First off, I believe Floyd didn't dope. Why? None of this adds up. Makes no sense. But Floyd isn't helping himself by being a media butterfly:
>>Armstrong urges Landis to use lower gear with media
By CLIFF BRUNT, Associated Press Writer
August 12, 2006
INDIANAPOLIS (AP) -- Lance Armstrong believes Floyd Landis has said too much in public in his attempt to disprove the positive drug test that cost him the Tour de France title.
"In this day and age, you're not going to get a fair shake in the media," said Armstrong, who rode his bike for charity Saturday at Indianapolis Motor Speedway.
"And the more you get out there and talk about it, I have to talk about it. The best is just to let the process play out and get out of the media. ... I would have encouraged him just to lay low."
Landis, who once competed on Armstrong's team, appeared on the "Tonight Show" this week and has given interviews on all four major network morning shows.
Landis has cited a variety of possible reasons for his failed test: ingesting something that raised his testosterone, cortisone shots for pain in his degenerating hip, drinking beer and whiskey the night before the test, thyroid medication, his natural metabolism and dehydration.
Armstrong, who overcame testicular cancer to win the Tour a record seven consecutive times from 1999 to 2005, faced constant doping allegations toward the end of his career.
Landis has tested positive for elevated testosterone and synthetic testosterone, leaving Armstrong to answer more questions about performance-enhancing drugs. The Tour de France said it no longer considers Landis its champion.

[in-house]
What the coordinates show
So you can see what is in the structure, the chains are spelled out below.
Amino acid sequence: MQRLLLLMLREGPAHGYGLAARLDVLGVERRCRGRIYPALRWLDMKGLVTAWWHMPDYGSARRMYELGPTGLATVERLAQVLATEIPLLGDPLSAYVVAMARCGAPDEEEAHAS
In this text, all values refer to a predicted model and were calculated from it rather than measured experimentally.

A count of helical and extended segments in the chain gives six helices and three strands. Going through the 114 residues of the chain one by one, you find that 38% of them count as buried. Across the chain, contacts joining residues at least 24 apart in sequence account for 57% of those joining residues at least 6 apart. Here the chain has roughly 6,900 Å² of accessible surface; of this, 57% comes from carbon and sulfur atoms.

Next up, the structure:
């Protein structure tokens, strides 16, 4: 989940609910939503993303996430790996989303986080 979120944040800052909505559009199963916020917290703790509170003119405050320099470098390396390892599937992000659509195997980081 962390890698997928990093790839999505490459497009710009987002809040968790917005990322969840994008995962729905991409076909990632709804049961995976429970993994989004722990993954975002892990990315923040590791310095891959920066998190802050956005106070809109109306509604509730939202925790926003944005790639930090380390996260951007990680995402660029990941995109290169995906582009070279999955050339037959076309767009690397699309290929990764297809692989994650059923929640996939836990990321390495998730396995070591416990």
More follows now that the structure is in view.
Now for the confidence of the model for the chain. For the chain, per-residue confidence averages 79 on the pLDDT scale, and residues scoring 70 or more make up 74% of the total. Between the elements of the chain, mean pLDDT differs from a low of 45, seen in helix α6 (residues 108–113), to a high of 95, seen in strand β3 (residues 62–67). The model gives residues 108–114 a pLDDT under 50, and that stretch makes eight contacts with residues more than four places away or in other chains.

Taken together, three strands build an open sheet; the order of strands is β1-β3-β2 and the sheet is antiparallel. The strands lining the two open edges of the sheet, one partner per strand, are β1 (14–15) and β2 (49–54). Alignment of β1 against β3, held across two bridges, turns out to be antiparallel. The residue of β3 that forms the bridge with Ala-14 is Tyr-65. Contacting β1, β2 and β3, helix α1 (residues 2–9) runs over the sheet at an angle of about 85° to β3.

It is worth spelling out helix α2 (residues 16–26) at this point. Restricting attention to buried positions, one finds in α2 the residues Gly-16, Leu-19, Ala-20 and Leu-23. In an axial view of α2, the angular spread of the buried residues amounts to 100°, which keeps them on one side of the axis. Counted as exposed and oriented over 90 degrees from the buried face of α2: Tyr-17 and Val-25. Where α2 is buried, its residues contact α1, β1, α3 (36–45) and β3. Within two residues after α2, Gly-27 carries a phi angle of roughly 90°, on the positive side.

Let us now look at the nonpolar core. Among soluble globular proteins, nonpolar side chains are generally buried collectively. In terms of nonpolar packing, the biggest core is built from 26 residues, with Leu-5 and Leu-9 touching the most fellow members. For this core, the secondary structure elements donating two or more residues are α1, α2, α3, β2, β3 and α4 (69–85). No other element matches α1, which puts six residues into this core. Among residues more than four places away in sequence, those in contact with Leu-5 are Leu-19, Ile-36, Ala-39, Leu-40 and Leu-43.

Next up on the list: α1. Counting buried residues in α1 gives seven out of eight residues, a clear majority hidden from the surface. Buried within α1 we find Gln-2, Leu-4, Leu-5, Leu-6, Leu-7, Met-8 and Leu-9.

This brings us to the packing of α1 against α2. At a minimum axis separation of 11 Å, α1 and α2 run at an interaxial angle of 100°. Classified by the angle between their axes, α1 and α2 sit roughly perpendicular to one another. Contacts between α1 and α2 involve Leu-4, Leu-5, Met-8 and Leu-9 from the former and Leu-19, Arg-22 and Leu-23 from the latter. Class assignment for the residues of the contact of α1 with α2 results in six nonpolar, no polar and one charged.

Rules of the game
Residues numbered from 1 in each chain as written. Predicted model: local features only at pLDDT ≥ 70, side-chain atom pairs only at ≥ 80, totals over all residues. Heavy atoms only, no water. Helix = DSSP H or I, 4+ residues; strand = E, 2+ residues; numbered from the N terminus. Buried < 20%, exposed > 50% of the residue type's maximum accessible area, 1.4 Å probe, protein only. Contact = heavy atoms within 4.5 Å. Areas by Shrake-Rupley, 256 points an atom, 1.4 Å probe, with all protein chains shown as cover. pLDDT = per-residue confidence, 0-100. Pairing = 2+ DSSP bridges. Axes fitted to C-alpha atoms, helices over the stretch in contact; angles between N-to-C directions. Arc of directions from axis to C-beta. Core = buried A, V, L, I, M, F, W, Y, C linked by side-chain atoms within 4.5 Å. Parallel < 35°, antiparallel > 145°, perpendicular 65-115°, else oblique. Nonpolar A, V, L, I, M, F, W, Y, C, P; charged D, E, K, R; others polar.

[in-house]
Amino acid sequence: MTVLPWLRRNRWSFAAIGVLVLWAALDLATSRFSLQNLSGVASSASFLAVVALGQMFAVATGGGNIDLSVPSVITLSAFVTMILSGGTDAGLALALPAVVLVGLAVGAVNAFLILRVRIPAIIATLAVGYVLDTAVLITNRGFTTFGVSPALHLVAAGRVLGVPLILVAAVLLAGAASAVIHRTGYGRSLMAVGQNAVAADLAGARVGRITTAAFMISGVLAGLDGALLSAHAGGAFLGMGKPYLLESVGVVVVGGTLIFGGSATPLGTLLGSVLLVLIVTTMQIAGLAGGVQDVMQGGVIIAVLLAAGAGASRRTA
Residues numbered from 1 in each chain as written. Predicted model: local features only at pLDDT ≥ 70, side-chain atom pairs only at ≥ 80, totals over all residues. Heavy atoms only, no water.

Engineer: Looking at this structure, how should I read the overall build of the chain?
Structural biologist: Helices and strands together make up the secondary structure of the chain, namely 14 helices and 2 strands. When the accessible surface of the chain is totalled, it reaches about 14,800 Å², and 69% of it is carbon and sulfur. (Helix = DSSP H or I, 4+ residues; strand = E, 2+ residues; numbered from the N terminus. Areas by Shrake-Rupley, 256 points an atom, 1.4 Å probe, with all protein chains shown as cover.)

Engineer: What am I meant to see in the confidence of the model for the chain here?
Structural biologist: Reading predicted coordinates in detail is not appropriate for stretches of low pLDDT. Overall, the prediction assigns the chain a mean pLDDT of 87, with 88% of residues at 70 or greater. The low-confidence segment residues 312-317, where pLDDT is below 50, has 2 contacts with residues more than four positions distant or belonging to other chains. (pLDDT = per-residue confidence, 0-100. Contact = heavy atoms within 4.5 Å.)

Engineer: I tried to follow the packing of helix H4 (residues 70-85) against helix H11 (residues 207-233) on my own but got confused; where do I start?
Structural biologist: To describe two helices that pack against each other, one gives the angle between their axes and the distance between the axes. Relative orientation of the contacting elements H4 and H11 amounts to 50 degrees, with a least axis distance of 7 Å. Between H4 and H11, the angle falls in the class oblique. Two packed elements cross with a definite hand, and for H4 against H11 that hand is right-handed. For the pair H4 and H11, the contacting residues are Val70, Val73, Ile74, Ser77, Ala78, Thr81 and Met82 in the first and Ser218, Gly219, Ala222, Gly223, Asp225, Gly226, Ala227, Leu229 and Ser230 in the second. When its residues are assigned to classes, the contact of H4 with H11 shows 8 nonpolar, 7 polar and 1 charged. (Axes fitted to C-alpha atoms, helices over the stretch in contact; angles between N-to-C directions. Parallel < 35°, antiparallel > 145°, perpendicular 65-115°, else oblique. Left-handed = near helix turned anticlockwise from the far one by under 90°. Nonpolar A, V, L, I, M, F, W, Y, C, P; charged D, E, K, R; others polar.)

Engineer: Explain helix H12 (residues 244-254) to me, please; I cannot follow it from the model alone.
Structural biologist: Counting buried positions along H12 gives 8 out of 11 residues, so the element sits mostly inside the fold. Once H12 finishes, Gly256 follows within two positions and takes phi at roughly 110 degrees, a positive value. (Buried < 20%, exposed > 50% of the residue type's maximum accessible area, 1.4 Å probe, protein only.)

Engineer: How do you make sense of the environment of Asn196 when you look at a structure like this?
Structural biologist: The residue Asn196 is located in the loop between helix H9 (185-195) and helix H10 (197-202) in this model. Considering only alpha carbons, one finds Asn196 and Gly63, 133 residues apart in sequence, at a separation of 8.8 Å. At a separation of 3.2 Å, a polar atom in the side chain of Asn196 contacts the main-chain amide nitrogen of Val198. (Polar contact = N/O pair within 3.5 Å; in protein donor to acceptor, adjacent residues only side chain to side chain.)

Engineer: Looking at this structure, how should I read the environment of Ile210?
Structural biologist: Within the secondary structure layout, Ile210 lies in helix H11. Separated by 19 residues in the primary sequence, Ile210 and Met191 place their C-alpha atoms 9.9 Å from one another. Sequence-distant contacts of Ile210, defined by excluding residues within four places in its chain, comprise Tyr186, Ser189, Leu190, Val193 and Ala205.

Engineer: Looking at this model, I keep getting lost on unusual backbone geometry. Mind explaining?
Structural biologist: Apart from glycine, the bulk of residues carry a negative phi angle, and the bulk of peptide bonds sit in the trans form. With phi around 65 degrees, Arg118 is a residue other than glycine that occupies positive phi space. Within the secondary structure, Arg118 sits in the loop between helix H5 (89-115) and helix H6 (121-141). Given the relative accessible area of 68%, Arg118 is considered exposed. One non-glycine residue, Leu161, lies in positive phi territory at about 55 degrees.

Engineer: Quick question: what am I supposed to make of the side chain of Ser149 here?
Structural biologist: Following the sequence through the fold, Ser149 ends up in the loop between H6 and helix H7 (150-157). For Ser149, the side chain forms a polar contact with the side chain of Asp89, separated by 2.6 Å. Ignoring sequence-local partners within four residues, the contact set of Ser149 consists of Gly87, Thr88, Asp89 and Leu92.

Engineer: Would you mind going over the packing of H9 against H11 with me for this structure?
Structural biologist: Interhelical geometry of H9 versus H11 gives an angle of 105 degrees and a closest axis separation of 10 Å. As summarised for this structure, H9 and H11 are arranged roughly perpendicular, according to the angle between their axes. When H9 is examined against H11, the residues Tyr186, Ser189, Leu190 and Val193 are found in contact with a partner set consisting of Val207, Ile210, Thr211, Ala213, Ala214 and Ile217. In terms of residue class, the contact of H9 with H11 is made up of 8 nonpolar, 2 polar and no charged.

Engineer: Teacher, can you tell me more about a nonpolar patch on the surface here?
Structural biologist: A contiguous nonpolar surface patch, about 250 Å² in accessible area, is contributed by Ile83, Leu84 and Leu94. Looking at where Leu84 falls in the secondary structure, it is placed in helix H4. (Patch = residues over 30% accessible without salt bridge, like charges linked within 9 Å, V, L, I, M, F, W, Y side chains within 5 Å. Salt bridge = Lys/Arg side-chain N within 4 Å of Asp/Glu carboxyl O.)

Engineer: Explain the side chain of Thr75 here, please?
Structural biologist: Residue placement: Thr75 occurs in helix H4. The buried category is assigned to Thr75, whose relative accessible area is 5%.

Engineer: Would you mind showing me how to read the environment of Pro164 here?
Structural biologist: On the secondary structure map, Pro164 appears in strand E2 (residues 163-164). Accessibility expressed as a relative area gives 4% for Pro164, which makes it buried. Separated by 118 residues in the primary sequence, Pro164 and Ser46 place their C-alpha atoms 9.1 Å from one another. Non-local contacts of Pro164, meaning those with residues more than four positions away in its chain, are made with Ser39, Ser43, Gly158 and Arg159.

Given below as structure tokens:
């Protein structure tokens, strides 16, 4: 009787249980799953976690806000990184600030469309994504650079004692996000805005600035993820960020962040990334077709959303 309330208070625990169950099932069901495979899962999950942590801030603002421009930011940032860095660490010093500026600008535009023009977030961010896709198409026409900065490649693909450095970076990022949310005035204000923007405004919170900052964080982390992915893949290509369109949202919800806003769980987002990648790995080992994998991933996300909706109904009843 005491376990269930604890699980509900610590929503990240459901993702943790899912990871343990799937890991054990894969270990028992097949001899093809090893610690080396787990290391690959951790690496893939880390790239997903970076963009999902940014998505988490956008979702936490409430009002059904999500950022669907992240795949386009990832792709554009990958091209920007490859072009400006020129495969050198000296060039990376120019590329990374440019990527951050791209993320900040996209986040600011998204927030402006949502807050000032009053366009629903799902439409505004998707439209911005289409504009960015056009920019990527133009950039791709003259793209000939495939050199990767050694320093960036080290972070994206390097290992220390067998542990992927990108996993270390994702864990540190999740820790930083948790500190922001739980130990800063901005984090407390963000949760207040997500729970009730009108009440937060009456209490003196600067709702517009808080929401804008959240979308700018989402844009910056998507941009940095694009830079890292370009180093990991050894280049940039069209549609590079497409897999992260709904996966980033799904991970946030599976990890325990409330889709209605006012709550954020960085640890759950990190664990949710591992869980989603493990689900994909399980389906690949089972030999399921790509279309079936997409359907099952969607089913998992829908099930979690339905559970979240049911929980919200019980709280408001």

"It's obviously not a good situation for cycling," Armstrong said. "Everybody would admit that. Floyd would admit that. It's certainly not a good situation for American cycling. But I am a fan and supporter of Floyd Landis. I believe in him."
Armstrong said cycling's testing policies are among the strictest in sports.
"That's why so many people are out there getting caught, or supposedly getting caught, because we're really aggressive," he said. "If the NFL had the same policy that cycling has, we'd be talking about something different than Floyd Landis right now. It would be a huge story."
Armstrong's two laps Saturday followed the first Race to Replace. All proceeds go to the Lance Armstrong Foundation and the Indiana University Cancer Center.
A.J. Smith had the best time in the 10-lap, 25-mile event and earned an honorary spot on the Discovery Channel Pro Cycling Team for the U.S. Pro Championships in September.
The 34-year-old Armstrong said he's enjoying life with his three kids and does not have the itch to come out of retirement.
"It would not at all be a very serious thought," he said. "I'm too busy. I'm having too much fun. I think I certainly made the right decision. The fact of the matter is that I'm old for a guy who wants to win the Tour de France. I wouldn't want to come back and get second."
Armstrong is glad to use cycling to help with cancer research.
"I understand what cycling did for me," he said. "I know that without the sport ... I wouldn't have the opportunity to try to transcend the sport or try to do something bigger in life or move onto another phase of life."
Updated on Saturday, Aug 12, 2006 4:16 pm EDT<<
This whole episode calls into question the bone-headed way the UCI and TDF is going after this doping business. They're destroying their own sport. Amazing. Somebody smack these guys.
A disaster for the TdF and UCI pro cycling no matter how you slice it. Ooofaaaa.